San Diego muralist Rik Erickson painted five murals for the new Active Care facility.
San Diego muralist Rik Erickson painted five murals for the new Active Care facility.
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DAVE SCHWAB

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Murals sooth the soul at Active Care facility
by DAVE SCHWAB
Jan 30, 2015 | 707 views | 0 0 comments | 0 0 recommendations | email to a friend | print
San Diego muralist Rik Erickson painted five murals for the new Active Care facility.
San Diego muralist Rik Erickson painted five murals for the new Active Care facility.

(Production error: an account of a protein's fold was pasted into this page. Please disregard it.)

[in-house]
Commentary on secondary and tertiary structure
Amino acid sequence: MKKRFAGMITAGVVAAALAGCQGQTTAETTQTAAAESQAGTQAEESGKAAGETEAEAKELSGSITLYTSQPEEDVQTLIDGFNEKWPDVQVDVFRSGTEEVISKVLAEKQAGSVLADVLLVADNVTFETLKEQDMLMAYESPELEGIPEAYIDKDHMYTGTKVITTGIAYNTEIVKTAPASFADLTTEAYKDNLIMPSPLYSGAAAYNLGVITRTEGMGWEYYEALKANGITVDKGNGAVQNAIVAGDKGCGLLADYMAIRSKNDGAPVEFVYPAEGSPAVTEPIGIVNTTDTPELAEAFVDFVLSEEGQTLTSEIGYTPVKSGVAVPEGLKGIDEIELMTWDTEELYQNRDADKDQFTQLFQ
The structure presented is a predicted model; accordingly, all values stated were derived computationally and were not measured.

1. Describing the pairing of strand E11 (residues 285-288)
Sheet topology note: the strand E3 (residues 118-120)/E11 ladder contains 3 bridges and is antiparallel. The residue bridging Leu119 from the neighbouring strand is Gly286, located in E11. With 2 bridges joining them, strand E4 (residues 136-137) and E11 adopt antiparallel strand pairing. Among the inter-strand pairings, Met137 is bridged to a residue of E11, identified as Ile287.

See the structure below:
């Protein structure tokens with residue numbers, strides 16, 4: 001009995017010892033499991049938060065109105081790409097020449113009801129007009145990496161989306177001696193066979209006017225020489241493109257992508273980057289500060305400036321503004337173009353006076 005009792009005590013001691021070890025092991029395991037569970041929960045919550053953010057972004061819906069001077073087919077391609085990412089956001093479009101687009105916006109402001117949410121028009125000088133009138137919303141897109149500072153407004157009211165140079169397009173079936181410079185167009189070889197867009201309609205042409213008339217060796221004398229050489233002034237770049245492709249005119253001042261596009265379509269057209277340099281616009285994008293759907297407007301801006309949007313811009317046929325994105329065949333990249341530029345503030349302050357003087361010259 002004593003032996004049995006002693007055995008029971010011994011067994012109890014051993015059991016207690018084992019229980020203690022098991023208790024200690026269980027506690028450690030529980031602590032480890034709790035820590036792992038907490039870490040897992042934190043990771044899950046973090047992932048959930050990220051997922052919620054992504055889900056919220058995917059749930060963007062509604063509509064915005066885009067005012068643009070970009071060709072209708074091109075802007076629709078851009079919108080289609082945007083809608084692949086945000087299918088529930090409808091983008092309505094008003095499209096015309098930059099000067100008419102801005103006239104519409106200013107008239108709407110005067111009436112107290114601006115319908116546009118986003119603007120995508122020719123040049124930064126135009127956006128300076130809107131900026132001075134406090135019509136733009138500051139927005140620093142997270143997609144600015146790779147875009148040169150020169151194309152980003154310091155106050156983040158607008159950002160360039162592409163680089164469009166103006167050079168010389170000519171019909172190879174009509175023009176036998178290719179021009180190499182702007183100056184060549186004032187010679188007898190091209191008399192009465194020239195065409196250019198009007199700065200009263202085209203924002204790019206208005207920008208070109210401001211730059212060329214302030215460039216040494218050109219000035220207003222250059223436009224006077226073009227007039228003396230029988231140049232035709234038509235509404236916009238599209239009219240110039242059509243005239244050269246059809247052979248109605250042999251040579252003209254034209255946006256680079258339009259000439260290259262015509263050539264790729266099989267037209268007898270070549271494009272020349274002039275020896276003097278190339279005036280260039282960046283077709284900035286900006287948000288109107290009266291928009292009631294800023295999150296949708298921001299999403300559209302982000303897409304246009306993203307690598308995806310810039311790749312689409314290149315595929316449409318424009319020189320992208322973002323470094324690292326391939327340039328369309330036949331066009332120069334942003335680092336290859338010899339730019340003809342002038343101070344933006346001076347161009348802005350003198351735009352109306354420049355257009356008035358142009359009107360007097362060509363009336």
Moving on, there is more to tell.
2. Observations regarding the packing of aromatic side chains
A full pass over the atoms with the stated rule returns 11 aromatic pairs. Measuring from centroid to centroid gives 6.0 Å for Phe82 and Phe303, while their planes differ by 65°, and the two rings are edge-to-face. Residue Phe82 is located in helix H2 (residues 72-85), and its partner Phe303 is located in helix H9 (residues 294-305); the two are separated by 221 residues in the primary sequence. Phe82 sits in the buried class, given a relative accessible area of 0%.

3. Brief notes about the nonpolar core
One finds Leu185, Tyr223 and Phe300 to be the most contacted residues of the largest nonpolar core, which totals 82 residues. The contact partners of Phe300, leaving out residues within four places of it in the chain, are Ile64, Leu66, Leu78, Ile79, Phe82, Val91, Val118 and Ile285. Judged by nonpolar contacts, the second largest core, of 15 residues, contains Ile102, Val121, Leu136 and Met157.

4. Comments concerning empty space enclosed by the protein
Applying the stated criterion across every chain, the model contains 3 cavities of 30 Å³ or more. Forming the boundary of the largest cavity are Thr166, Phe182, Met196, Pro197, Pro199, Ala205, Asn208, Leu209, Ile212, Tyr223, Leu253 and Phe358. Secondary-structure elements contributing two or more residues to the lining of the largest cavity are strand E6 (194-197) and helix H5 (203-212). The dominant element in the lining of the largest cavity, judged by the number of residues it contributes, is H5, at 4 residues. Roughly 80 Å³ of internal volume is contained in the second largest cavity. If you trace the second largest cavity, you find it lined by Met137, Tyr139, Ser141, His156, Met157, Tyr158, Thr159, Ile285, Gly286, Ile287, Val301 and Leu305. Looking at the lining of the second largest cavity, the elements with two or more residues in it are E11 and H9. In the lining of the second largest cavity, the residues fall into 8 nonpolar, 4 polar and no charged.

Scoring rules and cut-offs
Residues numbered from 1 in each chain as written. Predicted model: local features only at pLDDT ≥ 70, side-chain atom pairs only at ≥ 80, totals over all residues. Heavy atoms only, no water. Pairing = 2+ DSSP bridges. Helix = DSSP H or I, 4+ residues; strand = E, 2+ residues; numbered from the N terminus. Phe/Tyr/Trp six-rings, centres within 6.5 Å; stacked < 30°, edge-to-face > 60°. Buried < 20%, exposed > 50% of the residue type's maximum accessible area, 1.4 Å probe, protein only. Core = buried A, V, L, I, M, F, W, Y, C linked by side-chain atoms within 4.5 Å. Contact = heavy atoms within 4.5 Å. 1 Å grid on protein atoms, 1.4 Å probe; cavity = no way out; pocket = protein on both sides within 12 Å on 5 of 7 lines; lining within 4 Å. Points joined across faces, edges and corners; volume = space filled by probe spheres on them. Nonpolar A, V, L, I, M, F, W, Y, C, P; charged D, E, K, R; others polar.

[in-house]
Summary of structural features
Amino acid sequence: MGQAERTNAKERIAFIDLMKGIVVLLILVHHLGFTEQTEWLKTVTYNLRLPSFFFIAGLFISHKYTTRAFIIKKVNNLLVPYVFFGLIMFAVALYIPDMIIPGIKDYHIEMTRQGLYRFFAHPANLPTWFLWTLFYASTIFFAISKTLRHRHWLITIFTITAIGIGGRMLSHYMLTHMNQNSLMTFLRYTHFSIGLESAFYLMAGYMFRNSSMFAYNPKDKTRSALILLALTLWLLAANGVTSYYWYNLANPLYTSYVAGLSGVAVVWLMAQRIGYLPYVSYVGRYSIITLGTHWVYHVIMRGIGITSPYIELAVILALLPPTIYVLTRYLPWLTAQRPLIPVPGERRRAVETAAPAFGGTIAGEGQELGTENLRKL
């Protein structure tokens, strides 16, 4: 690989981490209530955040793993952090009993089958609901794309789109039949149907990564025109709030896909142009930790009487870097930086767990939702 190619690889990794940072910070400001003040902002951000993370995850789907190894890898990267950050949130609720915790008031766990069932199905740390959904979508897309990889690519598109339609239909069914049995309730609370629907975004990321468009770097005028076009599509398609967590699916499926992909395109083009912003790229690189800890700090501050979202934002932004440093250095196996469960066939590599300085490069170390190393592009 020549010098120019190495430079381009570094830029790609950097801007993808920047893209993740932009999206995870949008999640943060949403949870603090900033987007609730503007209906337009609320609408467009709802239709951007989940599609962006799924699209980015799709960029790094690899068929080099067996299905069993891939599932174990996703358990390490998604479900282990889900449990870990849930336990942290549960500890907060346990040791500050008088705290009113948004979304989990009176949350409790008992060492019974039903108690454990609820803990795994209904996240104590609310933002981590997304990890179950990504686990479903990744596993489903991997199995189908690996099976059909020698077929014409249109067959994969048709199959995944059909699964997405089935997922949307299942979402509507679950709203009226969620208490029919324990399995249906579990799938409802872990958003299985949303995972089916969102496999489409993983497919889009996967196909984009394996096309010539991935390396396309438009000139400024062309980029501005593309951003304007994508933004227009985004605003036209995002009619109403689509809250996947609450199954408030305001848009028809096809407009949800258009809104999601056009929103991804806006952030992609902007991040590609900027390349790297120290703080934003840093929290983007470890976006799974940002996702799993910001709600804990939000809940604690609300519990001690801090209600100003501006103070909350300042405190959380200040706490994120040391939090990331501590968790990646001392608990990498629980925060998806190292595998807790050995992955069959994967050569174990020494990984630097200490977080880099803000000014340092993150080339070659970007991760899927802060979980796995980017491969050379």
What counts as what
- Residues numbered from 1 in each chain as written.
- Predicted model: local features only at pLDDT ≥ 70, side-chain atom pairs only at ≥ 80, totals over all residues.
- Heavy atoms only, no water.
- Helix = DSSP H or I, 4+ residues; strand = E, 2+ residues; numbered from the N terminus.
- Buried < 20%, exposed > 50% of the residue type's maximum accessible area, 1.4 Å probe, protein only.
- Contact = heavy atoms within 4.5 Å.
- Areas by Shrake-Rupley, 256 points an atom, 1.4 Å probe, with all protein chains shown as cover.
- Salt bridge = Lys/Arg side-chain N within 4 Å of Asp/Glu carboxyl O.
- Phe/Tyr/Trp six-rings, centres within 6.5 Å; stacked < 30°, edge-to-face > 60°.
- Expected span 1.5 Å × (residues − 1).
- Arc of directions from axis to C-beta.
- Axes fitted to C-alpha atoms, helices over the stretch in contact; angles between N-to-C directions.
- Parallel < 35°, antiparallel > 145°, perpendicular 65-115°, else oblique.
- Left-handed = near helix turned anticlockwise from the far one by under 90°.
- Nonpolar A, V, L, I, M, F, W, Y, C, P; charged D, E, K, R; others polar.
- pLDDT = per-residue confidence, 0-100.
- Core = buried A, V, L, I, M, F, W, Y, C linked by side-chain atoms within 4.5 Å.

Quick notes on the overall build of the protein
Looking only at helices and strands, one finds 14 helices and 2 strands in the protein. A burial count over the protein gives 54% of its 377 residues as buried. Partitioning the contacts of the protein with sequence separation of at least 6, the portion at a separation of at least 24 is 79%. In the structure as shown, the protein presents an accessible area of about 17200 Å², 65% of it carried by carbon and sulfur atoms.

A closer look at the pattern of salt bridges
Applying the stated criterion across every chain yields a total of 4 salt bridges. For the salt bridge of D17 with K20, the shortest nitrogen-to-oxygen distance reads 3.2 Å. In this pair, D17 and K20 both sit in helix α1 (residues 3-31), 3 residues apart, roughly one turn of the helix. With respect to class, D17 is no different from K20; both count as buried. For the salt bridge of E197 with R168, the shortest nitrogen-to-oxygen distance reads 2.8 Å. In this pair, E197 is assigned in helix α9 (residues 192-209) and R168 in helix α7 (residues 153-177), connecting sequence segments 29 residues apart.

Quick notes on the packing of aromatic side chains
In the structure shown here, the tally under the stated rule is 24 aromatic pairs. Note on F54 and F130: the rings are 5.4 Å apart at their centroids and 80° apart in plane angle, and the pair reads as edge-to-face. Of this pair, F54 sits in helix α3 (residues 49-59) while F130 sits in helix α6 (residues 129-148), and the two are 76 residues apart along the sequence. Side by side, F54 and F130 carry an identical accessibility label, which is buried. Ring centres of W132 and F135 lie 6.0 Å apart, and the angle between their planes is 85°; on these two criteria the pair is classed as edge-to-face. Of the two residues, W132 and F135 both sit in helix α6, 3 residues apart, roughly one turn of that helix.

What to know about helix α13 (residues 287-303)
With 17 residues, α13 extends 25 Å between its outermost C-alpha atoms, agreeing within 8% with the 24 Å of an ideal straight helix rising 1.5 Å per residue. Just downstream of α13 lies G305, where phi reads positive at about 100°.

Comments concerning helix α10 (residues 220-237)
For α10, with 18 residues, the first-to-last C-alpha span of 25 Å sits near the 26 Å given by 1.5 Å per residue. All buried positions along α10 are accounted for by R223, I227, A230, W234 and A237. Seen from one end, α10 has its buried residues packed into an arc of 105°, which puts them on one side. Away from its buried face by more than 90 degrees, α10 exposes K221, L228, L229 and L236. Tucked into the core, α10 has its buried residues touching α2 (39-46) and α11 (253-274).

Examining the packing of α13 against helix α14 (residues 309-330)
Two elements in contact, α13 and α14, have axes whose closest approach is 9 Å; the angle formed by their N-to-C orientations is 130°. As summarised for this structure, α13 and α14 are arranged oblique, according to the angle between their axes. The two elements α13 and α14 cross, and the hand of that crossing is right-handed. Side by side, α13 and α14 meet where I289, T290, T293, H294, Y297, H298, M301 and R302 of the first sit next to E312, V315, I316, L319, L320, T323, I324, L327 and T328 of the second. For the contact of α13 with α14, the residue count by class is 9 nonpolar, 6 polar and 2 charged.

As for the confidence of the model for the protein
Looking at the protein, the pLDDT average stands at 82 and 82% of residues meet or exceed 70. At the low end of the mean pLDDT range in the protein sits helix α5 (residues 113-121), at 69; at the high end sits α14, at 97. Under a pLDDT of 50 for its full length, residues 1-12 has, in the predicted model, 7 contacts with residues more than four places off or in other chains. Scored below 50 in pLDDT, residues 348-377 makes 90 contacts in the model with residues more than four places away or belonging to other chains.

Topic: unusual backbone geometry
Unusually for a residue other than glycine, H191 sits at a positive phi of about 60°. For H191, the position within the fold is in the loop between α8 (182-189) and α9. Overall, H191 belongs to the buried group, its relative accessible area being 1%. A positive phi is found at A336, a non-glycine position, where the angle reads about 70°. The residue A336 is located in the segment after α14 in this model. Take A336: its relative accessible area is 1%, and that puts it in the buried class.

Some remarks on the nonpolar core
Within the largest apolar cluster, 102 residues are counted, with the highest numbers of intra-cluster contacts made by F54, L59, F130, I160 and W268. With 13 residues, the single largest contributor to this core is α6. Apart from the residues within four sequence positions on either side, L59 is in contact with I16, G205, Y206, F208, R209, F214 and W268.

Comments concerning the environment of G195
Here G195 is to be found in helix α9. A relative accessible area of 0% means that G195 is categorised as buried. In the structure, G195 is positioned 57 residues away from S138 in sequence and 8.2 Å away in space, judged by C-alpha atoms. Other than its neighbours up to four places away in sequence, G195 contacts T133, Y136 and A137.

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PB retirement communities are finding that visually stimulating murals are an aid to patients with limited cognitive abilities. Enter San Diego muralist Rik Erickson, who has just completed five murals for Active Care, a newly completed memory care facility building at 2440 Grand Ave. in the Mission Bay area. “I’m a full-time muralist,” said Erickson. “My dad was an artist in Stalag 17 during World War II.” Erickson’s five murals took one month to complete, and he worked second shift to avoid conflicts with construction crews who were on the job site during the day shift. Erickson’s PB murals were commissioned to help trigger pleasant memories for the residents, to distinguish and beautify the walls and to provide local visual landmarks on walls that would help direct the residents to their areas. The idea is that murals speak instantly and without words to patients with limited perceptive abilities, providing comfort and easily remembered areas within an otherwise confusing environment. Erickson was more than happy to lend his expertise to a project that will help seniors get along day to day. He met with retirement center staff to ensure they were on the same page with his recent mural project. “I met with the head guy in charge of each particular residential area of the building for each different mural, which are all beach-themed,” he said. “A lot of these old-timers grew up in and around the beaches, and these murals serve as mementos to help them find their way within the building. “More baby boomers are reaching that (retirement) age,” added Erickson. Discussing his artistry, Erickson begins by researching the agreed-upon subject before gathering real-life photos of it. From there, he projects a photographic image of the subject to be painted onto a wall. Then he gets to work using acrylic paint, the modern medium for rendering murals. How long does it take to paint a mural? “It depends on how complicated it is,” Erickson answered while adding, “I’m pretty quick.” The mural images were first designed in Photoshop, and then Erickson printed them on transparencies. An opaque projector was then used to project the images onto the walls at night. “I do some sketches from the photos and work with Photoshop,” he said of his technique, which also involves arranging the composition of the mural to match the shape of the walls. Then Erickson adds his own personal touches. “With the Belmont Park roller coaster mural, I added some classic cars that people will recognize and get a big kick out of too,” he said. Most muralists are paid by the square foot for their work, varying from about $35 to $75 a square foot depending on the quality of the work and the difficulty of the job. “I included the (work) materials in with the cost of the bid,” Erickson said. The muralist said he has — and will — paint murals on most any kind of building. For more information, call (619) 296-9898 or visit www.muralsfantastic.com. He’s presently been engaged to do a mural in a laundramat across form Twigg's Coffee Shop in University Heights. “It used to be an ostrich farm,” said Erickson of the laundramat and where it’s located. “So I’m coming up with an ostrich thing (mural), which is the history to that area. It’s going to be a very fun project.” For more information call (619) 296-9898 or visit www.muralsfantastic.com.
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